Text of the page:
¿Güera, qué vas a llevar?

There’s a word in Mexican Spanish, güera, which is frequently used to address light skinned women like myself. I literally hear it everywhere—at the market, ¿Güera, qué vas a llevar?; at the corner taco stand, ¿Qué más güerita?; when I pay my bills at the convenience store, ¿Güera, todo bien?—all of which more or less translate to “What do you need, white girl?” It isn’t meant to be offensive in anyway, it’s more an observation than anything… as in, I am white, and taking advantage of the services of these merchants, and they want to help me with everything I need. However, it does point out my otherness in this country, in a way that sometimes makes me feel like I don’t necessarily belong in Mexico. But, this is my home and where I choose to be local right now, and generally speaking, being a güera here only means that I am subjected to random lines of questioning all the time (taxi drivers, doctors, etc.: “where did you learn to speak Spanish so well?”), rather than being in a state of constant fear because of the color of my skin. If anything, having the opportunity to be called a güera is another sign of my privilege: the privilege I had to have grown up in the Bay Area, which with it came access to an excellent education and economic mobility; the privilege to be mobile enough to move to another country and to learn what it is like to be kind of different; the privilege to work with themes I value (food security, environmental sustainability), rather than doing a job I have to because I need to pay the bills…

This privilege feels especially relevant right now for so, so many reasons. Most of my interactions with the U.S. at this point come through facebook and the complete archive of This American Life, and so I find it hard to gauge sometimes how people actually feel about the upcoming election, the excessive police violence, the state of the economy and availability of jobs, etc. I especially find it hard to understand whether people find it comical, like “Yes, this weird shit is happening in our country, but luckily we are smart, capable people and we will use our skillset to affect change in whatever way we can.” or, if people are legitimately at the point where this meme (in which I was tagged on facebook today) is something to take seriously:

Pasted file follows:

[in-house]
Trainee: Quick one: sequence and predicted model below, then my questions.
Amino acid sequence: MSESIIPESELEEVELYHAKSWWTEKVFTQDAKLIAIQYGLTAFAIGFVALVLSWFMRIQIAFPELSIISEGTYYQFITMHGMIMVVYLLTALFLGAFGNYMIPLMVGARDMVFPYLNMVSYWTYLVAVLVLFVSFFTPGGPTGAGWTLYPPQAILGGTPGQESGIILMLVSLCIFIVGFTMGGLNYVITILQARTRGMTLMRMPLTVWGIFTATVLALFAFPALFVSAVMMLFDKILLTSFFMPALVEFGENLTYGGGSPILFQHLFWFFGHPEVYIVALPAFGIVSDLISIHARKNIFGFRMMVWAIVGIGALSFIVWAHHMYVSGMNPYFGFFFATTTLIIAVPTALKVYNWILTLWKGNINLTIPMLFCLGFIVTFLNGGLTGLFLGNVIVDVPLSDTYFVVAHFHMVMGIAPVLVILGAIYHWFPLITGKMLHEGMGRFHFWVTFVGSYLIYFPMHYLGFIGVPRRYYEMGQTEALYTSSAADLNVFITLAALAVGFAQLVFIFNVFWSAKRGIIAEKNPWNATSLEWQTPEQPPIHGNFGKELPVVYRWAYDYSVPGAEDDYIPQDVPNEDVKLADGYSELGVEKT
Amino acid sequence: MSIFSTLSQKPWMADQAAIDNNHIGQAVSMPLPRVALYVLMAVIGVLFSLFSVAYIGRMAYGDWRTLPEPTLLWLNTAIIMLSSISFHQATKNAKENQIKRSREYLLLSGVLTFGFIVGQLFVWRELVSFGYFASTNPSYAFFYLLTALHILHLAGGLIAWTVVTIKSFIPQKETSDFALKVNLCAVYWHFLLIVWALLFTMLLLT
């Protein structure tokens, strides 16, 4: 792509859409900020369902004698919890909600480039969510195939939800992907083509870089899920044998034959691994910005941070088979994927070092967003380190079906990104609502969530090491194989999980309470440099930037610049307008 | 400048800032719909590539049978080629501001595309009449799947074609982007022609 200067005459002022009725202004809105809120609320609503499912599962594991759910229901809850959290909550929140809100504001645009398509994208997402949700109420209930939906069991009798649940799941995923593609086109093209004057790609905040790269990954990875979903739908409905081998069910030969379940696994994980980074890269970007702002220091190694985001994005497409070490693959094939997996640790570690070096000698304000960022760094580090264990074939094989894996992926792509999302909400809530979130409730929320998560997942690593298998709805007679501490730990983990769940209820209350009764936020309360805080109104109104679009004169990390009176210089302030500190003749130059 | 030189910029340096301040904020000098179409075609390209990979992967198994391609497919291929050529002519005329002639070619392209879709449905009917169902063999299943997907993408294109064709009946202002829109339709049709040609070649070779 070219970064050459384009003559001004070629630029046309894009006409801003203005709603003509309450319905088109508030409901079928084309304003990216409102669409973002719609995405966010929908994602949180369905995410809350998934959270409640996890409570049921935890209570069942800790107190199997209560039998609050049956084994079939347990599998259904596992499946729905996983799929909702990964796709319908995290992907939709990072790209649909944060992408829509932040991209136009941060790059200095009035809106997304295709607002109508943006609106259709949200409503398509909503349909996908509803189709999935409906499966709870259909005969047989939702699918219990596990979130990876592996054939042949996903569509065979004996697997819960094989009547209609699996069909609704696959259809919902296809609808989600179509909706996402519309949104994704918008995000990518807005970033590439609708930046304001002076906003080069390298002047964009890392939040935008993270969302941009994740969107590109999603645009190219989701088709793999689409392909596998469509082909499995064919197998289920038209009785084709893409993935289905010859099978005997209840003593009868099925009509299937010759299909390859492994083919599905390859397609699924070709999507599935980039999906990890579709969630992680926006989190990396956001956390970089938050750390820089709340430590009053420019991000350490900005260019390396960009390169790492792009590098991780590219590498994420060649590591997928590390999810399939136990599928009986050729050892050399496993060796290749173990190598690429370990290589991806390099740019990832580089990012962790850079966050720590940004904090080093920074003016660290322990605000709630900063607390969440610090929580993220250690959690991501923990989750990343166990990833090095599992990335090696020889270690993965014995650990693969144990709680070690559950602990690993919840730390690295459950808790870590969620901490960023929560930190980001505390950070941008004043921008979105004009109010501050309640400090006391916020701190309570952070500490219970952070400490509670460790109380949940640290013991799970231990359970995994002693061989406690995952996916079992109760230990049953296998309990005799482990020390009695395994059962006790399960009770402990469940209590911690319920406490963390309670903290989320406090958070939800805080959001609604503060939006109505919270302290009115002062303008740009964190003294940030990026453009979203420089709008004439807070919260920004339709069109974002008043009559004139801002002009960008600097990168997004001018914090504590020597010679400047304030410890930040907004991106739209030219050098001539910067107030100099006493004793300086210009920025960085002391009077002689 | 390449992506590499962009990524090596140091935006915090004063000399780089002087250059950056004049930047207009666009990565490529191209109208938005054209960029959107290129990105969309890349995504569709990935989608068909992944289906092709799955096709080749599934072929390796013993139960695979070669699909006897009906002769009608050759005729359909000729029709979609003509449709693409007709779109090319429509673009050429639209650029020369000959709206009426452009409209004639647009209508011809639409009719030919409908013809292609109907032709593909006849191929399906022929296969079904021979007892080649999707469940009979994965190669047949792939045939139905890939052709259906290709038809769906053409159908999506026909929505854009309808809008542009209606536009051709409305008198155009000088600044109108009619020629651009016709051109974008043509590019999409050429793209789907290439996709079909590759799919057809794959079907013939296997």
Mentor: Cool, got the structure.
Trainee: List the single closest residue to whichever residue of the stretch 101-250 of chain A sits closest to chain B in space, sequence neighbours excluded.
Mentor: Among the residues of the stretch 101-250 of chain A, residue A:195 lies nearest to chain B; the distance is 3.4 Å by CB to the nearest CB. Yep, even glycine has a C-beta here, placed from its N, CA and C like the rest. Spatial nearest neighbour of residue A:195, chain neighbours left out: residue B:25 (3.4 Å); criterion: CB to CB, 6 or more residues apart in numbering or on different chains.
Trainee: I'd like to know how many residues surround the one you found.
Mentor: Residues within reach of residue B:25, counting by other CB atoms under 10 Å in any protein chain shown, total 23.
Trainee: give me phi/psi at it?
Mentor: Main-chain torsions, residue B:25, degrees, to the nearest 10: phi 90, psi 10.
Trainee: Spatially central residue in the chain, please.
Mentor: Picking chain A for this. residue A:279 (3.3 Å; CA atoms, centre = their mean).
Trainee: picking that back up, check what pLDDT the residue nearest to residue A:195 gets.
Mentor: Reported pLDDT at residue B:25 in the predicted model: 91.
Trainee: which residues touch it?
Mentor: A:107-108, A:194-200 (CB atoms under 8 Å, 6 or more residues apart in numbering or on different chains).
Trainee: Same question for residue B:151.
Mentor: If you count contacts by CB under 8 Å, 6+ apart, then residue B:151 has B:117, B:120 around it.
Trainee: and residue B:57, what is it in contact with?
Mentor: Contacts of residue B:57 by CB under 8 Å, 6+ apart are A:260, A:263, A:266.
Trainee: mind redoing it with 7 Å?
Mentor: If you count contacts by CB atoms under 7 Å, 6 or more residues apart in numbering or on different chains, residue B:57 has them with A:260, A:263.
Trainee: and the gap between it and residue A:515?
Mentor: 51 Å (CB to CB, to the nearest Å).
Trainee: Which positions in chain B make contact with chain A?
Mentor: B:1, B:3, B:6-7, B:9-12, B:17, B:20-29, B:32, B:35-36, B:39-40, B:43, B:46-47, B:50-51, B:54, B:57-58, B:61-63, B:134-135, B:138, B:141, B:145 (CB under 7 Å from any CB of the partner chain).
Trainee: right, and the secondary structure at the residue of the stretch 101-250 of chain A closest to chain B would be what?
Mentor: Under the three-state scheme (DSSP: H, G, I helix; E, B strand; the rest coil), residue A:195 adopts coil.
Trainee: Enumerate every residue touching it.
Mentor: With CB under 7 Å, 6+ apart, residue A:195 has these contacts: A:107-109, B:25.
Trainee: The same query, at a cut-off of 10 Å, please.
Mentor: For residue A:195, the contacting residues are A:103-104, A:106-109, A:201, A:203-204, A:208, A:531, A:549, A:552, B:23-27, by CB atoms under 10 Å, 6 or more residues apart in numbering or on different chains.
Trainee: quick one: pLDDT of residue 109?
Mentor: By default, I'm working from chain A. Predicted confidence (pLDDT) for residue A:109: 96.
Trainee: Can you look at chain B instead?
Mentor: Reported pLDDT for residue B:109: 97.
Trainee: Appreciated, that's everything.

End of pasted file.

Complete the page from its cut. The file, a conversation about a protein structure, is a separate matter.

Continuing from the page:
I moved to Mexico for a number of reasons, tacos being one of them of course, but I often wonder about what it means to be a güera in Mexico, trying to help smallholder farmers. One of my primary motivations for working in developing country agriculture has always been the fact that farmers in the developing world inherently do not have access to the same resources (scientific capacity in particular) that we might in the U.S. I could insert a great deal about international development theory here, and the once prevalent idea that developing country agriculture needed to employ the technological approaches used in the U.S. and elsewhere rather than locally adapted practices. But, at the risk of going on a long tangent, instead I want to emphasize that much work in agricultural development has shifted to a more participatory approach. That is, simply, in order to appropriately address issues related to pest management, fertility, soil conservation, etc. on smallholder farms in whatever country (in developing or developed countries), we as scientists need to work with farmers to insure that whatever practices we are recommending are socially and environmentally relevant to the area, and in large part are selected and adapted from practices already used at some level locally. In other words, we as scientists have just as much to learn from farmers as they theoretically have to learn from us.

Back to the point: as an expat güera in Mexico working in participatory agricultural development, lately, I think my motivations have shifted from me attempting to help smallholder farmers, to me gaining perspective that I can later apply in the U.S. Being different here, having the opportunity to acknowledge my privilege, learning humility, patience, and acceptance… the attributes that I am developing while in Mexico will go a long way to help me affect change in some way in the U.S. later. This is not to say that everyone needs to move abroad to figure out how to be of service in their own communities, the point is that if we want the U.S. to be a place where everyone has the opportunity to live a happy and healthy life, we need to do something. Like, the joke is that all educated people will move abroad if Trump is elected, but if anything, I think it should motivate us to stay home, dig in deeper, and apply whatever skills we have to make our communities better.


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